- POSTED: 26 Dec 2013 20:06
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There has been an 11 per cent increase in the number of Singaporeans approaching the five Community Development Councils (CDCs) for social assistance in the first 10 months of 2013.
SINGAPORE: There has been an 11 per cent increase in the number of Singaporeans approaching the five Community Development Councils (CDCs) for social assistance in the first 10 months of 2013.
One reason for this is the revision of the qualifying criteria, says coordinating Mayor for the five CDCs Dr Amy Khor, who is also Senior Minister of State for Manpower and Health.
On the other hand, the number of people who need help finding jobs has dropped.
Programmes implemented by Singapore's five CDCs come in different forms, ranging from meals and transport vouchers to bursaries for children from low-income families.
"For the vulnerable seniors, we partner with a number of VWOs (volunteer welfare organisations) in our district,” said Dr Teo Ho Pin, mayor of North West District.
“The whole idea is to identify those who are vulnerable seniors and how we can partner with different partners -- including the grassroots organisations -- to actually befriend and give support not only to the vulnerable seniors but also their caregivers. So, we have a programme where we provide a support system for vulnerable seniors."
For the first 10 months of 2013, the CDCs handled nearly 58,000 applications for social assistance, with close to S$80 million disbursed.
"The increase in social assistance applications across the district is due to the enhanced criteria for the government's financial assistance scheme since April 2012, as well as increasing awareness of the assistance available to help low-income families and the vulnerable elderly. This is due to intensified outreach,” said Dr Amy Khor, who is also Mayor of South West District.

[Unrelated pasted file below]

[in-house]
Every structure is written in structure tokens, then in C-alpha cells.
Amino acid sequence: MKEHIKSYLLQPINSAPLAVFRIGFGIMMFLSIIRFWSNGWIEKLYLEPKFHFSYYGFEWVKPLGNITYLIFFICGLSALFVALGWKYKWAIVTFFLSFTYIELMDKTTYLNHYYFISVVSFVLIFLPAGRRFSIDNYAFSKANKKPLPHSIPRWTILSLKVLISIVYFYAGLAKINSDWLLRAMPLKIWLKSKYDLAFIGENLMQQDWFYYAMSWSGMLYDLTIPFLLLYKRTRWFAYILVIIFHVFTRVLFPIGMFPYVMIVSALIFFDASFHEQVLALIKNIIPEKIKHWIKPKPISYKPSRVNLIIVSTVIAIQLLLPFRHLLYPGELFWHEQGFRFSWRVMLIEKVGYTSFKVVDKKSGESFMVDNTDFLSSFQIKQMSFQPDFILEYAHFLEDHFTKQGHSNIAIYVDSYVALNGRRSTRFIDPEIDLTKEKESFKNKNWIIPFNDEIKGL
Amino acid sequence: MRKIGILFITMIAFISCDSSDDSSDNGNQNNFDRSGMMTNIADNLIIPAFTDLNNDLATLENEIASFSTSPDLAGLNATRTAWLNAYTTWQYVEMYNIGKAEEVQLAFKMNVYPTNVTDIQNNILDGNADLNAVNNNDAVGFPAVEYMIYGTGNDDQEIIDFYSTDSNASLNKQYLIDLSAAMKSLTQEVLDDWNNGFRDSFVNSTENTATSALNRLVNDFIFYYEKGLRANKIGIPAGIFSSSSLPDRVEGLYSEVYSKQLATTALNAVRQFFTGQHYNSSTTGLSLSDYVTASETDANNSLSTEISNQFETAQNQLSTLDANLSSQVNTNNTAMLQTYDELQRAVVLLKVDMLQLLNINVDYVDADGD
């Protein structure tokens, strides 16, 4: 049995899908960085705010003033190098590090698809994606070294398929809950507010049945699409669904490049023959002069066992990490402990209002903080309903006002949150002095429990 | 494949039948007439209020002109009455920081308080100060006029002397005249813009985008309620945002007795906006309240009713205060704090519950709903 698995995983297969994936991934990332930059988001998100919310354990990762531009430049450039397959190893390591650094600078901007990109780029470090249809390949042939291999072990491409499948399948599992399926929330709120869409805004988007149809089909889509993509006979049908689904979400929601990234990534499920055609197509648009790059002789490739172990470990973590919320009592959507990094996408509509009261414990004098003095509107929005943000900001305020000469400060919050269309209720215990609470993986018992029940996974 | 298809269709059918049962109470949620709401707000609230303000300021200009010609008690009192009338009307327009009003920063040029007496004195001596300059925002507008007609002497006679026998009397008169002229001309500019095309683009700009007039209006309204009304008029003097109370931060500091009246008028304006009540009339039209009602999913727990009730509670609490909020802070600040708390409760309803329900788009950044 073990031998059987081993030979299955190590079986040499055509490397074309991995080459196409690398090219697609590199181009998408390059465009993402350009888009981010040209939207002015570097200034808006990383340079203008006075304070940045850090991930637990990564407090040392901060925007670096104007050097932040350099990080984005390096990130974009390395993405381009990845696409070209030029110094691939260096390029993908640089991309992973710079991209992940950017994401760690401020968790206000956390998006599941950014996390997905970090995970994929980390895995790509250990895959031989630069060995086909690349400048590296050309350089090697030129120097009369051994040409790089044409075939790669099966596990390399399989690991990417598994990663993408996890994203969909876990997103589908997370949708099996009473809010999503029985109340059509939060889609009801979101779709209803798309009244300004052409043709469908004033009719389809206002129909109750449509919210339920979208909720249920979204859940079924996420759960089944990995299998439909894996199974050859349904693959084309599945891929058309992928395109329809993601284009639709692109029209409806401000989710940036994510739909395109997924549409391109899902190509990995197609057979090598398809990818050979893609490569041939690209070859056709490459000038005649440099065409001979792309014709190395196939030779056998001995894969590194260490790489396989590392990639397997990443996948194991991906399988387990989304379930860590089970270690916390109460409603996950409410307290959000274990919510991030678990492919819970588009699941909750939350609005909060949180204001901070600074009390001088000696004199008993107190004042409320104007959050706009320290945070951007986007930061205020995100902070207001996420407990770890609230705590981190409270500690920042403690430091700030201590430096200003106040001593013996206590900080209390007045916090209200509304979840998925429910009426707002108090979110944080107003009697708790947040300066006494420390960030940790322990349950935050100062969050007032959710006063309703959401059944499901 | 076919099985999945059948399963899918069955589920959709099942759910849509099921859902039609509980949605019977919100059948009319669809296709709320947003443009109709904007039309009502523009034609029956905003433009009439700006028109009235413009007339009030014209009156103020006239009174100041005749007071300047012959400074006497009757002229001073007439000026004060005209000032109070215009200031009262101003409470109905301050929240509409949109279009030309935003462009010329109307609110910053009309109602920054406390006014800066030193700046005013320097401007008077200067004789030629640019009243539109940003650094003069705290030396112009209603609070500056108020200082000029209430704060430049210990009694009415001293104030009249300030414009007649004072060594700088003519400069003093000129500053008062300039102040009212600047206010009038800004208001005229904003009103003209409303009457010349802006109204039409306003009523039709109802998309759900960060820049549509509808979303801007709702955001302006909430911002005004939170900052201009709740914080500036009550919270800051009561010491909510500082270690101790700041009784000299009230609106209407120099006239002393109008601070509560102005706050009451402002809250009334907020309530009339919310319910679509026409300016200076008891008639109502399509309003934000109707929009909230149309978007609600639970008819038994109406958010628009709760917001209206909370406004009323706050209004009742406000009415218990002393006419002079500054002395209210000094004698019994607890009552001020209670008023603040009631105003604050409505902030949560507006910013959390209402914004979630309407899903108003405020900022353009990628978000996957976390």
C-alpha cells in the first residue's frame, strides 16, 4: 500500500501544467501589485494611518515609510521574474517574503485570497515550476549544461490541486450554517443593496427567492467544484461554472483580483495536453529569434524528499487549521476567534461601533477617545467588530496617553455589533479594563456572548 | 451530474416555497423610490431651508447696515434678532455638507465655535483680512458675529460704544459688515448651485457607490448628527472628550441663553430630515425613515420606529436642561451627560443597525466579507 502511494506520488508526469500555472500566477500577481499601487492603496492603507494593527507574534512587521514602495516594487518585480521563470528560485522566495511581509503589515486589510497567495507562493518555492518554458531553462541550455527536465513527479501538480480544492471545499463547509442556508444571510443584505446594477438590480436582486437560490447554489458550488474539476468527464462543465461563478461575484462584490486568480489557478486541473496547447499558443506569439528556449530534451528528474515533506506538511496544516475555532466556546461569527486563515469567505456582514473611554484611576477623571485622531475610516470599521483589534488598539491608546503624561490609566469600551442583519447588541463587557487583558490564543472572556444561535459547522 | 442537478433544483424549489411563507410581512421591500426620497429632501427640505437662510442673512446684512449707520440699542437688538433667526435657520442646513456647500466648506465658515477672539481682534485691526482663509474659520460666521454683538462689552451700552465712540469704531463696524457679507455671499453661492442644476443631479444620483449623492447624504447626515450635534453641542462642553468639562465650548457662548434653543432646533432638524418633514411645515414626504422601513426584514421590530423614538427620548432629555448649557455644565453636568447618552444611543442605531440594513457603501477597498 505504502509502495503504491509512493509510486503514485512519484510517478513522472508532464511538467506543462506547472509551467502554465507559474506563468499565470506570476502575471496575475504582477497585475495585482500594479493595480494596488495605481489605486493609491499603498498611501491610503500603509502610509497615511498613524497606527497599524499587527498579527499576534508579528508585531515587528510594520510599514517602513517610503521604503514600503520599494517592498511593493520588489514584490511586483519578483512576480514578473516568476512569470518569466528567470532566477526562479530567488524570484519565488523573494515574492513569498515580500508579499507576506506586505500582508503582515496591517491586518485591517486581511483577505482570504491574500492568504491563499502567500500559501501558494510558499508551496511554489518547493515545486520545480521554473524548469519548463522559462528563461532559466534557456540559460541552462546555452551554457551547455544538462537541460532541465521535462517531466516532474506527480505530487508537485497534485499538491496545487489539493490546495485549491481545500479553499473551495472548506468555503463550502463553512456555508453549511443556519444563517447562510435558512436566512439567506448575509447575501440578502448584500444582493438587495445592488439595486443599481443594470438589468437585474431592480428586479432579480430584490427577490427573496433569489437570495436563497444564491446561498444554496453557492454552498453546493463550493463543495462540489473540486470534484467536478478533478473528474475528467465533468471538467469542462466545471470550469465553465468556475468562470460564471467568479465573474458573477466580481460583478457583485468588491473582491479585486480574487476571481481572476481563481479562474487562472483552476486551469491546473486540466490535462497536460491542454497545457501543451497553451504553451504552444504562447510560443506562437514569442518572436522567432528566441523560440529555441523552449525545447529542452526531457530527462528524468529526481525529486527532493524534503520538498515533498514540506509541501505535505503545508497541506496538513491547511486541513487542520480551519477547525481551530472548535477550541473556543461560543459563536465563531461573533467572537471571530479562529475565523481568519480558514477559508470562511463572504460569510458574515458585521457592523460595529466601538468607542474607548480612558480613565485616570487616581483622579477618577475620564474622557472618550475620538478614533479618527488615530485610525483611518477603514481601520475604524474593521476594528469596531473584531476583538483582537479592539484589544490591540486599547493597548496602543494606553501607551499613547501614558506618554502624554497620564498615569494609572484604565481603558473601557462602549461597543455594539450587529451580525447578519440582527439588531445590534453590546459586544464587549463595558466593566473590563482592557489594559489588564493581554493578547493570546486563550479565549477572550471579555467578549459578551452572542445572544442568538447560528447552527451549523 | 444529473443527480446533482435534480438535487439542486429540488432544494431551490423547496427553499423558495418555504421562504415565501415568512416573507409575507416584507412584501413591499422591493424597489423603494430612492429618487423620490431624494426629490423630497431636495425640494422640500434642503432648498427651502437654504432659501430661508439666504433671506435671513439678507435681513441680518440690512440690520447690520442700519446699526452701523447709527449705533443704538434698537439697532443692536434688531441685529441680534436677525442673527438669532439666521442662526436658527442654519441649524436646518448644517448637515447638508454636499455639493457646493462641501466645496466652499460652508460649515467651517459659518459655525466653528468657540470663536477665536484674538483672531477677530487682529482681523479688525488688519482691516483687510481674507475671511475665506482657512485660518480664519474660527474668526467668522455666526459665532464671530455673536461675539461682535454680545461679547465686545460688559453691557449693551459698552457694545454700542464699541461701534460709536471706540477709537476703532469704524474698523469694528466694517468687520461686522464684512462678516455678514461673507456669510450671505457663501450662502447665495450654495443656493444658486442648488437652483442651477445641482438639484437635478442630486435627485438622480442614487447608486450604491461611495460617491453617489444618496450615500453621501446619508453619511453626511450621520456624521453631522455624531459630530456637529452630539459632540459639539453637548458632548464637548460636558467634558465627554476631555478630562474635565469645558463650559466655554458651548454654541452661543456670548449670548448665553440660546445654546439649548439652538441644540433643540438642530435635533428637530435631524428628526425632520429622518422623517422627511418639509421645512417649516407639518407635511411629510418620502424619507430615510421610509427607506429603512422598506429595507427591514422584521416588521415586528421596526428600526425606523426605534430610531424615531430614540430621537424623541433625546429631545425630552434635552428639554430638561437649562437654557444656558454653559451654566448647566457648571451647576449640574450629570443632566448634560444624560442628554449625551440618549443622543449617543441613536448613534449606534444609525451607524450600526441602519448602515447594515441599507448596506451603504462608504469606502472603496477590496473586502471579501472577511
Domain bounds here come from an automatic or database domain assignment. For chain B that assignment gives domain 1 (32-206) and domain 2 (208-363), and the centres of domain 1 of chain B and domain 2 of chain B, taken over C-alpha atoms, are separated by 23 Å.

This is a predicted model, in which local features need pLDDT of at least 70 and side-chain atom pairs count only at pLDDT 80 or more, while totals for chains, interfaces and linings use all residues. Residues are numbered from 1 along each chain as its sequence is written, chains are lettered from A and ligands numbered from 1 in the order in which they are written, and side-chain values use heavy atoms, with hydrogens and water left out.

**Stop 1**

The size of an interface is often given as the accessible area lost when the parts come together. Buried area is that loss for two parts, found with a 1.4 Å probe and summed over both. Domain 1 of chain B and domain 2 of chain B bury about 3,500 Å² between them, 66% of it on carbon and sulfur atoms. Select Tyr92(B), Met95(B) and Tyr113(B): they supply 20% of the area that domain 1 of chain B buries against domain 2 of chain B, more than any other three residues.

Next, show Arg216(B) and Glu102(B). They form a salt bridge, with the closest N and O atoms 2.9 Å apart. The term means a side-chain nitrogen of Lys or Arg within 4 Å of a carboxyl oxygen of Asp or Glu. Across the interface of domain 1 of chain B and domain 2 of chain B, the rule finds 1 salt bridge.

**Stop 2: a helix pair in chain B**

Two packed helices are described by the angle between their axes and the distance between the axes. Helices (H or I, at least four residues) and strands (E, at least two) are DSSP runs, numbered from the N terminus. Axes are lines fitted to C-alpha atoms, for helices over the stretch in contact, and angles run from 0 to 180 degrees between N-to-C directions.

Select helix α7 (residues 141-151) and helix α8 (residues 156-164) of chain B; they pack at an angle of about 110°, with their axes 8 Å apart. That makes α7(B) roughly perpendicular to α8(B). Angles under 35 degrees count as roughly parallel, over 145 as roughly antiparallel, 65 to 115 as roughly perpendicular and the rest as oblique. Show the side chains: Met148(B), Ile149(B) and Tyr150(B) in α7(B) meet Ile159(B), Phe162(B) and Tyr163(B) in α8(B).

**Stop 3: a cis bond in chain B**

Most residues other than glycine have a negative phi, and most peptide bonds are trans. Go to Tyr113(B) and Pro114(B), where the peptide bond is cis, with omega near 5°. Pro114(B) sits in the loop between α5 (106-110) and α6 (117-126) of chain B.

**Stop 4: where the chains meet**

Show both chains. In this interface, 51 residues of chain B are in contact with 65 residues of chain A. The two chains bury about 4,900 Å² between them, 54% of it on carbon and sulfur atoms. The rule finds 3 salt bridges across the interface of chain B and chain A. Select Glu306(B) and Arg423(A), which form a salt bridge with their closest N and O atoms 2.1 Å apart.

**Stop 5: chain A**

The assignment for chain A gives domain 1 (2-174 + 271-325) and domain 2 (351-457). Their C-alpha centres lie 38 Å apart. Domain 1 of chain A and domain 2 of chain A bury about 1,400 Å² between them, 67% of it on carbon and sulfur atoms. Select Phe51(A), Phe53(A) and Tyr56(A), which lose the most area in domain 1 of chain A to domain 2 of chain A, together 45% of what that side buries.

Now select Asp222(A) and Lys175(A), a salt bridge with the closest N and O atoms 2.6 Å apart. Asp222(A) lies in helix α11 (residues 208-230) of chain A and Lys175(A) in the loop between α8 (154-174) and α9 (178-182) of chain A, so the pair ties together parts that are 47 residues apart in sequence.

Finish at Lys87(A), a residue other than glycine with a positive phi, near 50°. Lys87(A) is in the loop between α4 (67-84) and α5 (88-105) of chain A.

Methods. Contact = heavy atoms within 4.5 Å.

“The bulk of the assistance is given in terms of interim financial assistance to families whose sole breadwinner might have lost the job or fallen sick; they are unable to cope with the living expenses based on the existing household income. So assistance is given to them until the breadwinner finds a job or returns to work, or they are able to raise their household income and to become self-reliant again.”
One programme started by volunteers in Central Singapore CDC allows seniors a choice in the types of provisions they require.
When it comes to jobs assistance, the five CDC career centres received some 21,500 applications between January and October 2013, which is a 7 per cent drop over the same period in 2012.
Despite the tight labour market, the CDCs have been pressing on with their job placement programmes.
"One of the flagship programmes... is community employment where we actually look for jobs within the community and (these jobs are) being filled by job seekers within the community...it has benefited more than 500 people,” said Minister of State for Trade and Industry Teo Ser Luck, who is also Mayor of North East District.
“These are part-time jobs over a six-month period...So far it has benefited many of them, especially those who are elderly and more senior and finding it hard to find employment. So we put them in these temporary jobs, (where) they can help the community in different ways," he said.
The mayors emphasise that their key focus is to complement the government's efforts in its pledge to do more by strengthening the social safety net and promote collective responsibility amongst all.